by Robert Ballantyne 19 May 2016
The Australian Education Union’s (AEU) 2015 State of Our Schools report found that teachers are under greater levels of stress in the classroom due to mounting work pressures.
While this issue has led to many teachers contemplating a new career, it has shown to have a much darker side. Increased anxiety has been shown to lead to mental health issues – and in a busy environment, this can have severe consequences for both teachers and principals.
Rachel Clements, director of Psychological Services at the Centre for Corporate Health in Sydney, is an expert in emotional resilience and mental health. She told The Educator that a key starting point in providing better support to teachers involves a broader reality check of what their job entails.
“Teachers are constantly being asked and often required to do more with less. This idea that they have it easy because they knock off at 3pm and get 11 weeks annual leave each year is definitely skewed,” she said.
“For most teachers, spending evenings, weekends and part of their holidays developing lesson plans, marking student work and furthering their own professional development is more in line with the reality of what the job entails.”
A ‘two-pronged approach’ needed
Clements said addressing the worsening stress of teachers requires a two-pronged approach.
“Firstly, awards/agreements need to be reviewed to reflect the current teaching environment and to ensure they are addressing the real issues teachers are facing,” she said, but added this was “not something easily or quickly achieved”.
“Focus needs to be on initiatives that can be influenced or in fact developed and implemented.”
Clements said this should involve providing teachers with training on how to cope with the pressures they are under, strengthening their personal resilience and developing the leadership skills of those who hold key positions within the school to promote positive well-being.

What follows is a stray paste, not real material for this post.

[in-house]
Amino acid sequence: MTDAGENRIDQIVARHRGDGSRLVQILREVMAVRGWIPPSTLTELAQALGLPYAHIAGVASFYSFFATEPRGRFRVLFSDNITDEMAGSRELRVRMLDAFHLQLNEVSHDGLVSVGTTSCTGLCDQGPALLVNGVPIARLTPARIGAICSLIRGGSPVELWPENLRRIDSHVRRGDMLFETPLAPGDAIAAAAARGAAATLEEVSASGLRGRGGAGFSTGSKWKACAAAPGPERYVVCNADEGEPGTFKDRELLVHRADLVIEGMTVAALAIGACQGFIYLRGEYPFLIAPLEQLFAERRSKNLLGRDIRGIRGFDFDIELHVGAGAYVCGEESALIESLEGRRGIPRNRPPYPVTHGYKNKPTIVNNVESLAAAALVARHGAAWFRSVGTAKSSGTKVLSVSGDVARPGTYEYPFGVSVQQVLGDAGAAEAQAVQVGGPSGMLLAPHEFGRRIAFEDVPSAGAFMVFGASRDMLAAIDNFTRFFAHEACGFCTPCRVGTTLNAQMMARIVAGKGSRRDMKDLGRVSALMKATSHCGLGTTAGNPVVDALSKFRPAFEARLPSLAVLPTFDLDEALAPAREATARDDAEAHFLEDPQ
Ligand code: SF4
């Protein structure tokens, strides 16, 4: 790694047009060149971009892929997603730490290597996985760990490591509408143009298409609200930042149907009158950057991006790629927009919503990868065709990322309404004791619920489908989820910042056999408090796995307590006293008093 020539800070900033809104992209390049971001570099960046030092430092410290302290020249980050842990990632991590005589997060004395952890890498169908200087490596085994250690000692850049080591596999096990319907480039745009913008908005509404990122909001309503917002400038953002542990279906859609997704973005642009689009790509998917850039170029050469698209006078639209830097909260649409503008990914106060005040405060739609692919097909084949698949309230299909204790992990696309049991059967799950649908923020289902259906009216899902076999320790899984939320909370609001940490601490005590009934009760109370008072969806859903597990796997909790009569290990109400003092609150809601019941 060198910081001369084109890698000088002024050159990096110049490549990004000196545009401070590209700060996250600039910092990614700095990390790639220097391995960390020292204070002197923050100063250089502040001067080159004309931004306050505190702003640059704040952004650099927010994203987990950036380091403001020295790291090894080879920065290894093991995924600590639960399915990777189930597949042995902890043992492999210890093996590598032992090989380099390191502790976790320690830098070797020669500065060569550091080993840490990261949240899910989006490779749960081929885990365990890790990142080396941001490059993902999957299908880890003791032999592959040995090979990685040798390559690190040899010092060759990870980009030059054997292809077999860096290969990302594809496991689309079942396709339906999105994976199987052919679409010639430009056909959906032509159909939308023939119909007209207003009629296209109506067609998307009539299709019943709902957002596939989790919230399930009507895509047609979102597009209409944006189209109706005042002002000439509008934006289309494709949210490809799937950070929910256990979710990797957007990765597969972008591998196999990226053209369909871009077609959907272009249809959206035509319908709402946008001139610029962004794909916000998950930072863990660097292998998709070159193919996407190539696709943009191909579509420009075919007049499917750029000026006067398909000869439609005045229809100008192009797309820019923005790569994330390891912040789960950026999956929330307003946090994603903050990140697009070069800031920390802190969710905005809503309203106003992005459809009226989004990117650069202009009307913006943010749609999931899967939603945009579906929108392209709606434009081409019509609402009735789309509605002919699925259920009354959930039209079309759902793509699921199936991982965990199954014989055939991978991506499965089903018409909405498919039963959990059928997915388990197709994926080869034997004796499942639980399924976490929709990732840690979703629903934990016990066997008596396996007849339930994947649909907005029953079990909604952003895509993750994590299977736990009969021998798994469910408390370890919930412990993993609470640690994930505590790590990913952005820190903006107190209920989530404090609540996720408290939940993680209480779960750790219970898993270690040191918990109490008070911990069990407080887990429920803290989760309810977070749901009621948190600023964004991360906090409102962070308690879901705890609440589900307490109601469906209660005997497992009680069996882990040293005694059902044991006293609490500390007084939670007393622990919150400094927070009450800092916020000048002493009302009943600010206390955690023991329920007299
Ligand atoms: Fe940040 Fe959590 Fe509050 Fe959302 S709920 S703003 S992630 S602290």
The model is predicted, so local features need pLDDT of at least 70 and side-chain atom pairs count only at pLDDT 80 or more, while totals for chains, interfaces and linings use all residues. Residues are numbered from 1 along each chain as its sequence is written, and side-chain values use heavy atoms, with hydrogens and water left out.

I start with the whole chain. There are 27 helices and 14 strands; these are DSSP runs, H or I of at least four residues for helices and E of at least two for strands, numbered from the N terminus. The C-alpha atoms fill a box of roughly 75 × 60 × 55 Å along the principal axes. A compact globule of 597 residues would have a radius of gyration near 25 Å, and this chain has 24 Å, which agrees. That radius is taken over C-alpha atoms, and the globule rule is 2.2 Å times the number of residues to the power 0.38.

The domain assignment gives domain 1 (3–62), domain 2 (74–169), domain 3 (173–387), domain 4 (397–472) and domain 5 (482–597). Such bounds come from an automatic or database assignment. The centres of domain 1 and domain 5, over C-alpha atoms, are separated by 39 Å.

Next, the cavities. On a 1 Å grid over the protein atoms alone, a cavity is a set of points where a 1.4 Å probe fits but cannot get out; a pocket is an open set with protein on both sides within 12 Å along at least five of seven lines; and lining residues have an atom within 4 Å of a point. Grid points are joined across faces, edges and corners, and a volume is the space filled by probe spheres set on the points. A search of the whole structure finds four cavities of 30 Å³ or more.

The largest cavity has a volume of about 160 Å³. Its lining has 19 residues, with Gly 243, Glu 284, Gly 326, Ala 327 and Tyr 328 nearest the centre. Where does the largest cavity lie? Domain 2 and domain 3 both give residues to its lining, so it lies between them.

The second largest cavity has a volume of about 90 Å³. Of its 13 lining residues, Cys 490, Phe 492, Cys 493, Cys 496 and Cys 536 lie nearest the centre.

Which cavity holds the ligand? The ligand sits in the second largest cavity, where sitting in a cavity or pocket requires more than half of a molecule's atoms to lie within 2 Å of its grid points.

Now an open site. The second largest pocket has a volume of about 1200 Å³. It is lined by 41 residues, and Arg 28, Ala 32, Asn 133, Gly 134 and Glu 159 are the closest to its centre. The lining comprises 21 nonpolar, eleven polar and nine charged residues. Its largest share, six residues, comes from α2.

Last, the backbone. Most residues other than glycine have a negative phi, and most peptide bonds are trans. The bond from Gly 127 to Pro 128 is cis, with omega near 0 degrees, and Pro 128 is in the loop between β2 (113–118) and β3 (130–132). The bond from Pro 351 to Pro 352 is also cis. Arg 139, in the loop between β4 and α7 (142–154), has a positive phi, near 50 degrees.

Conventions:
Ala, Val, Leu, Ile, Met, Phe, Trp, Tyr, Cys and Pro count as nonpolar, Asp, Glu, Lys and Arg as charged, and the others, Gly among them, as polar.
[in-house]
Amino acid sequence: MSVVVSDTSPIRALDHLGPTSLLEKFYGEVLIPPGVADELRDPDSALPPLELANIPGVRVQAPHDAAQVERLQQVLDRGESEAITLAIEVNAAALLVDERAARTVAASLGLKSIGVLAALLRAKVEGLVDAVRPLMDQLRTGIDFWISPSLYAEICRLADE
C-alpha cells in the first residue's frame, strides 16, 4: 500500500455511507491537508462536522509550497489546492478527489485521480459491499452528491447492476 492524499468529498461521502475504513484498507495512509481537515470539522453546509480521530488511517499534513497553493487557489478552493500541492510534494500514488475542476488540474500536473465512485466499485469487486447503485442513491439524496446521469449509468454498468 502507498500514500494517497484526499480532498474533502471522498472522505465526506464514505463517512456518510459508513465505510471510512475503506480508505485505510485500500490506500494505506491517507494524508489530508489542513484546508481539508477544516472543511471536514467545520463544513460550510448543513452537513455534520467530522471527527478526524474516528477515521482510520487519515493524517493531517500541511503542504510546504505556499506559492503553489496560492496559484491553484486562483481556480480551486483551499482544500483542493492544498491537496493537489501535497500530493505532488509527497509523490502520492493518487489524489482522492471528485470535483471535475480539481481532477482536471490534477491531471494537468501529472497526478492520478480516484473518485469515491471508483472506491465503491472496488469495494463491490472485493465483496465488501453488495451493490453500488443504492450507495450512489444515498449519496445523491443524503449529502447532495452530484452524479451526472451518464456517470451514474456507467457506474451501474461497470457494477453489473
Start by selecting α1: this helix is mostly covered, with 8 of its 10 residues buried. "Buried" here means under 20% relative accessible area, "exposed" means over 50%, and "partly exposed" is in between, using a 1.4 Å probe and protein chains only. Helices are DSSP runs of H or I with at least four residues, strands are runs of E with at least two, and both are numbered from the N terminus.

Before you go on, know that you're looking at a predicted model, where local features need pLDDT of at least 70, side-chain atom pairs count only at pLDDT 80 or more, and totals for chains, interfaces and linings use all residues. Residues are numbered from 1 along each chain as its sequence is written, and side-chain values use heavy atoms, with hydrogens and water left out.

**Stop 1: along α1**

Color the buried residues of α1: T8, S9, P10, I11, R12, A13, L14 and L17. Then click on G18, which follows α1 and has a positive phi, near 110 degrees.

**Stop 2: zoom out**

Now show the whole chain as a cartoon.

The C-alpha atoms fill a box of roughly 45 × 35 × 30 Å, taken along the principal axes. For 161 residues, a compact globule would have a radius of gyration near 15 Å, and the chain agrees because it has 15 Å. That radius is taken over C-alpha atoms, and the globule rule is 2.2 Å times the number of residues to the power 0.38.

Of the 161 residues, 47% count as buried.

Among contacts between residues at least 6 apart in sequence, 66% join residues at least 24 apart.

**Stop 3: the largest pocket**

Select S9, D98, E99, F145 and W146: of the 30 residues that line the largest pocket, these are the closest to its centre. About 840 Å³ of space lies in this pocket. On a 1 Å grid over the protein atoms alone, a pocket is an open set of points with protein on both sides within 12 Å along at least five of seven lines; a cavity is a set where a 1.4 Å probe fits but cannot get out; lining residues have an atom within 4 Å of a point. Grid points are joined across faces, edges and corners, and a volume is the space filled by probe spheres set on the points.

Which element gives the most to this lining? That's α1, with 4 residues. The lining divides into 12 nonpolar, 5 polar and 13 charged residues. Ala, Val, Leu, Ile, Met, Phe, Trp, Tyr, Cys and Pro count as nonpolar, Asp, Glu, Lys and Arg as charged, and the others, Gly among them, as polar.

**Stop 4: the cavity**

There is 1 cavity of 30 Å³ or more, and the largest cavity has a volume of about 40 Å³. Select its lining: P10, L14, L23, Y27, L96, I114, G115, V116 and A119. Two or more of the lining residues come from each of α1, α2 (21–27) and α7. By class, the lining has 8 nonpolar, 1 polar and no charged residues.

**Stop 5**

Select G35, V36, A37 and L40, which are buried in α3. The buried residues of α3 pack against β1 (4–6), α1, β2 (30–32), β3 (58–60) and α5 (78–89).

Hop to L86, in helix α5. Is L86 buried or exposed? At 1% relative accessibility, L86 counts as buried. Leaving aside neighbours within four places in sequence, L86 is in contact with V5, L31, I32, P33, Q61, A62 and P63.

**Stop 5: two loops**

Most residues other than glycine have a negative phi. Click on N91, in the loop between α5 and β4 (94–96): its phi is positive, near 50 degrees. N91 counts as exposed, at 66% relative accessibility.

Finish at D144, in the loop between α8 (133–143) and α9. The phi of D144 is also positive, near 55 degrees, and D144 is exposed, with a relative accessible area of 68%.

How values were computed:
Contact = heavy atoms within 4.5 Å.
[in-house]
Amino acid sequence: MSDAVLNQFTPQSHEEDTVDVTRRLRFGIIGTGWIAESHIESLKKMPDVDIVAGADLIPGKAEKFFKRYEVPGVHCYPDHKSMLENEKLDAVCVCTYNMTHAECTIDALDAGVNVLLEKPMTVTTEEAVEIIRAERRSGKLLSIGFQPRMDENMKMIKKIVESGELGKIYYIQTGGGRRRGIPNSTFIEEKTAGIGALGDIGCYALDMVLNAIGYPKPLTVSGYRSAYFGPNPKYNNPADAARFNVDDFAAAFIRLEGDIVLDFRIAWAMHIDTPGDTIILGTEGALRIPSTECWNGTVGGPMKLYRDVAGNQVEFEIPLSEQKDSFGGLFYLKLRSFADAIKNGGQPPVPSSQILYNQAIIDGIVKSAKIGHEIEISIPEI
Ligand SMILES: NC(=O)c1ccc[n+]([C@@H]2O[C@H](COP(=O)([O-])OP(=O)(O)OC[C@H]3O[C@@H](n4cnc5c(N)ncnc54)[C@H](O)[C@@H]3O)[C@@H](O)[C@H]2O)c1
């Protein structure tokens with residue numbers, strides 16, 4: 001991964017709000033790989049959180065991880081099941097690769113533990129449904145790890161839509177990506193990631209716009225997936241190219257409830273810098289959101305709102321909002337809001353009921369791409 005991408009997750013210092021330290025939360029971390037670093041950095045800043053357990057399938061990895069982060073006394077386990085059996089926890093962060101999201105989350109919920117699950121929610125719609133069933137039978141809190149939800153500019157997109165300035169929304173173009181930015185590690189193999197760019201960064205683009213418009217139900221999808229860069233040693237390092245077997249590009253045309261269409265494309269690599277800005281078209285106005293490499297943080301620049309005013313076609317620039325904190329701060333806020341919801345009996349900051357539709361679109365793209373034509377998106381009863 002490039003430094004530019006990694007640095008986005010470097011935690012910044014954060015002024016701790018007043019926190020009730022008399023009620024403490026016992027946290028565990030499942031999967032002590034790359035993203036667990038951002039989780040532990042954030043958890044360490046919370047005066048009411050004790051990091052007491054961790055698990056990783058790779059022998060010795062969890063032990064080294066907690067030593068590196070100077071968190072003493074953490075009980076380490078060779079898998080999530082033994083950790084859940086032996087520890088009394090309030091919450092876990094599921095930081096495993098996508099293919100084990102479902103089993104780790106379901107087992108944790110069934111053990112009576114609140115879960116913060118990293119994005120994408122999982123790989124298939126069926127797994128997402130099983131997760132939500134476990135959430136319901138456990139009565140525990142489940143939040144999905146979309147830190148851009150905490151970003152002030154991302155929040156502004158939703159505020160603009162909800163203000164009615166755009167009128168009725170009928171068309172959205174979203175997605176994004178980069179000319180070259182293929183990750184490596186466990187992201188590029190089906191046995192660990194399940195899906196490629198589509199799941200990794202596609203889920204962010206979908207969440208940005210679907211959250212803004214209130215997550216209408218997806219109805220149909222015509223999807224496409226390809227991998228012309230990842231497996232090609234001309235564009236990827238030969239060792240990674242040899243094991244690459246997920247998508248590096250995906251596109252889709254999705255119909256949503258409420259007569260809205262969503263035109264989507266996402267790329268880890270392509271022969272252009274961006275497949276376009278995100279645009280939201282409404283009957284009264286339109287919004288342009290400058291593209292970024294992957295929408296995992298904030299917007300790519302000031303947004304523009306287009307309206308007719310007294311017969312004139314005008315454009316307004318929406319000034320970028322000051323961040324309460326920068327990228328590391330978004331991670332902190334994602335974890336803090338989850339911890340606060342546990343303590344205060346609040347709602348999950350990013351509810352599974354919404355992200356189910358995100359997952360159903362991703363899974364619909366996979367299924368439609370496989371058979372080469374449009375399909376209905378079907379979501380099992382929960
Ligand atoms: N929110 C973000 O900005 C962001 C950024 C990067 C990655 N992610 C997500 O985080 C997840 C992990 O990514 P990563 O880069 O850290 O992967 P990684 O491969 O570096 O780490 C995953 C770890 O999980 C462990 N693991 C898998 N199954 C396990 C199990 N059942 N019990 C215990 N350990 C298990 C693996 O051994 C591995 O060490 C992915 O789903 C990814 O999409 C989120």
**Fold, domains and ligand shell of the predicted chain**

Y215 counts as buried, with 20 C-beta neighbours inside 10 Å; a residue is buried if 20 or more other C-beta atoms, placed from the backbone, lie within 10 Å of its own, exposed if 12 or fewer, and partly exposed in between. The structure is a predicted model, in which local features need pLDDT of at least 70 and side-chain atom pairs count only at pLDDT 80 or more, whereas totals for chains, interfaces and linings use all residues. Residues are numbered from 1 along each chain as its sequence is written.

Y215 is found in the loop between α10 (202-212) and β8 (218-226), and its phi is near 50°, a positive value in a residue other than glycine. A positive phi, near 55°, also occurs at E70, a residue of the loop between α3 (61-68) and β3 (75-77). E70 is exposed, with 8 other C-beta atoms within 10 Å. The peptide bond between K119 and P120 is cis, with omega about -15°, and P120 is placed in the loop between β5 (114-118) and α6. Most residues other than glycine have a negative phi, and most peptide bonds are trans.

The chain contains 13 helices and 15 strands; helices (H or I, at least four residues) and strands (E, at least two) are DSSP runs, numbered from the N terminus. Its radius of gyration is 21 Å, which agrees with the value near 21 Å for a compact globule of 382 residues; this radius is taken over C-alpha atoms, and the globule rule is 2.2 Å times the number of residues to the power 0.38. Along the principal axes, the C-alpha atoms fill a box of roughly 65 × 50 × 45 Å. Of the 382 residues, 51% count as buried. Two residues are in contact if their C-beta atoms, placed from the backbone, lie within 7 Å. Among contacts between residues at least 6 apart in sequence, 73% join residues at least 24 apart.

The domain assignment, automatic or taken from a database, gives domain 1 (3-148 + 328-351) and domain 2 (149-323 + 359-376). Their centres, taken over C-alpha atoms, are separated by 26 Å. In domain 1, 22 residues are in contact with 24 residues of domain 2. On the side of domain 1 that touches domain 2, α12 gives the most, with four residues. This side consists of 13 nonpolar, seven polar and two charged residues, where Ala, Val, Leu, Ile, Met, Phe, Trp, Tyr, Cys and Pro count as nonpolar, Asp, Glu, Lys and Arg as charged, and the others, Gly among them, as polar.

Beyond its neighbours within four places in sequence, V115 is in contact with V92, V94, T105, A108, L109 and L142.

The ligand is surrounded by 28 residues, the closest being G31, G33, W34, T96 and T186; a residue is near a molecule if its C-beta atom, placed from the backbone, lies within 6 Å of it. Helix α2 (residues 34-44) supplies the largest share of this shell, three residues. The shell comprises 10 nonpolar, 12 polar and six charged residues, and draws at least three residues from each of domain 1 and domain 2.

She added that while most schools have programs in place to improve staff well-being, schools need to ensure they have a highly supportive environment for staff as well as students.
“There are some good initiatives out there, however these vary from school to school,” she said.
“If schools want to create a mentally healthy workplace for their staff then our research and experience shows that they need to have various support services and initiatives across the prevention, intervention and recovery of mental health concerns, stress and psychological injury.
“We know that one of the biggest contributors to preventing poor health and well-being at work is how supportive we feel our relationships are in the workplace, specifically with our manager/principal/assistant principal.”
Personal resilience ‘a learnable skill’
Clements said that when there is a supportive and authentic relationship, employees are more likely to reach out for assistance when they are feeling overwhelmed and therefore able to get back on track more easily.
“Another key preventative factor is personal resilience, which is not a genetic but rather a learnable skill,” she said.
“By giving teachers the skills and strategies to better manage their stress and shift their stress response from seeing it as a challenge or a threat, schools will take a big step in improving the well-being of their teachers.”
Clements said that in terms of intervention and recovery, it is important that key members of staff know how to recognise when someone is not coping, how to respond and have a supportive conversation and then how to link the employee in with support services both internal and external to the school.
“Where managers often struggle is recognising that someone is not travelling well, yet not feeling confident enough to have a conversation with them, so training needs to be provided to equip these managers with the skills and strategies to do this in a supportive manner,” she said.
In August, Clements will be speaking at a conference being held by Gowrie NSW, alongside UTS and Macquarie universities. The conference, called: ‘In Pursuit of Playfulness, Curiosity and Innovation’, covers a range of issues and topics relevant to teachers and principals.
This article was originally published in The Educator.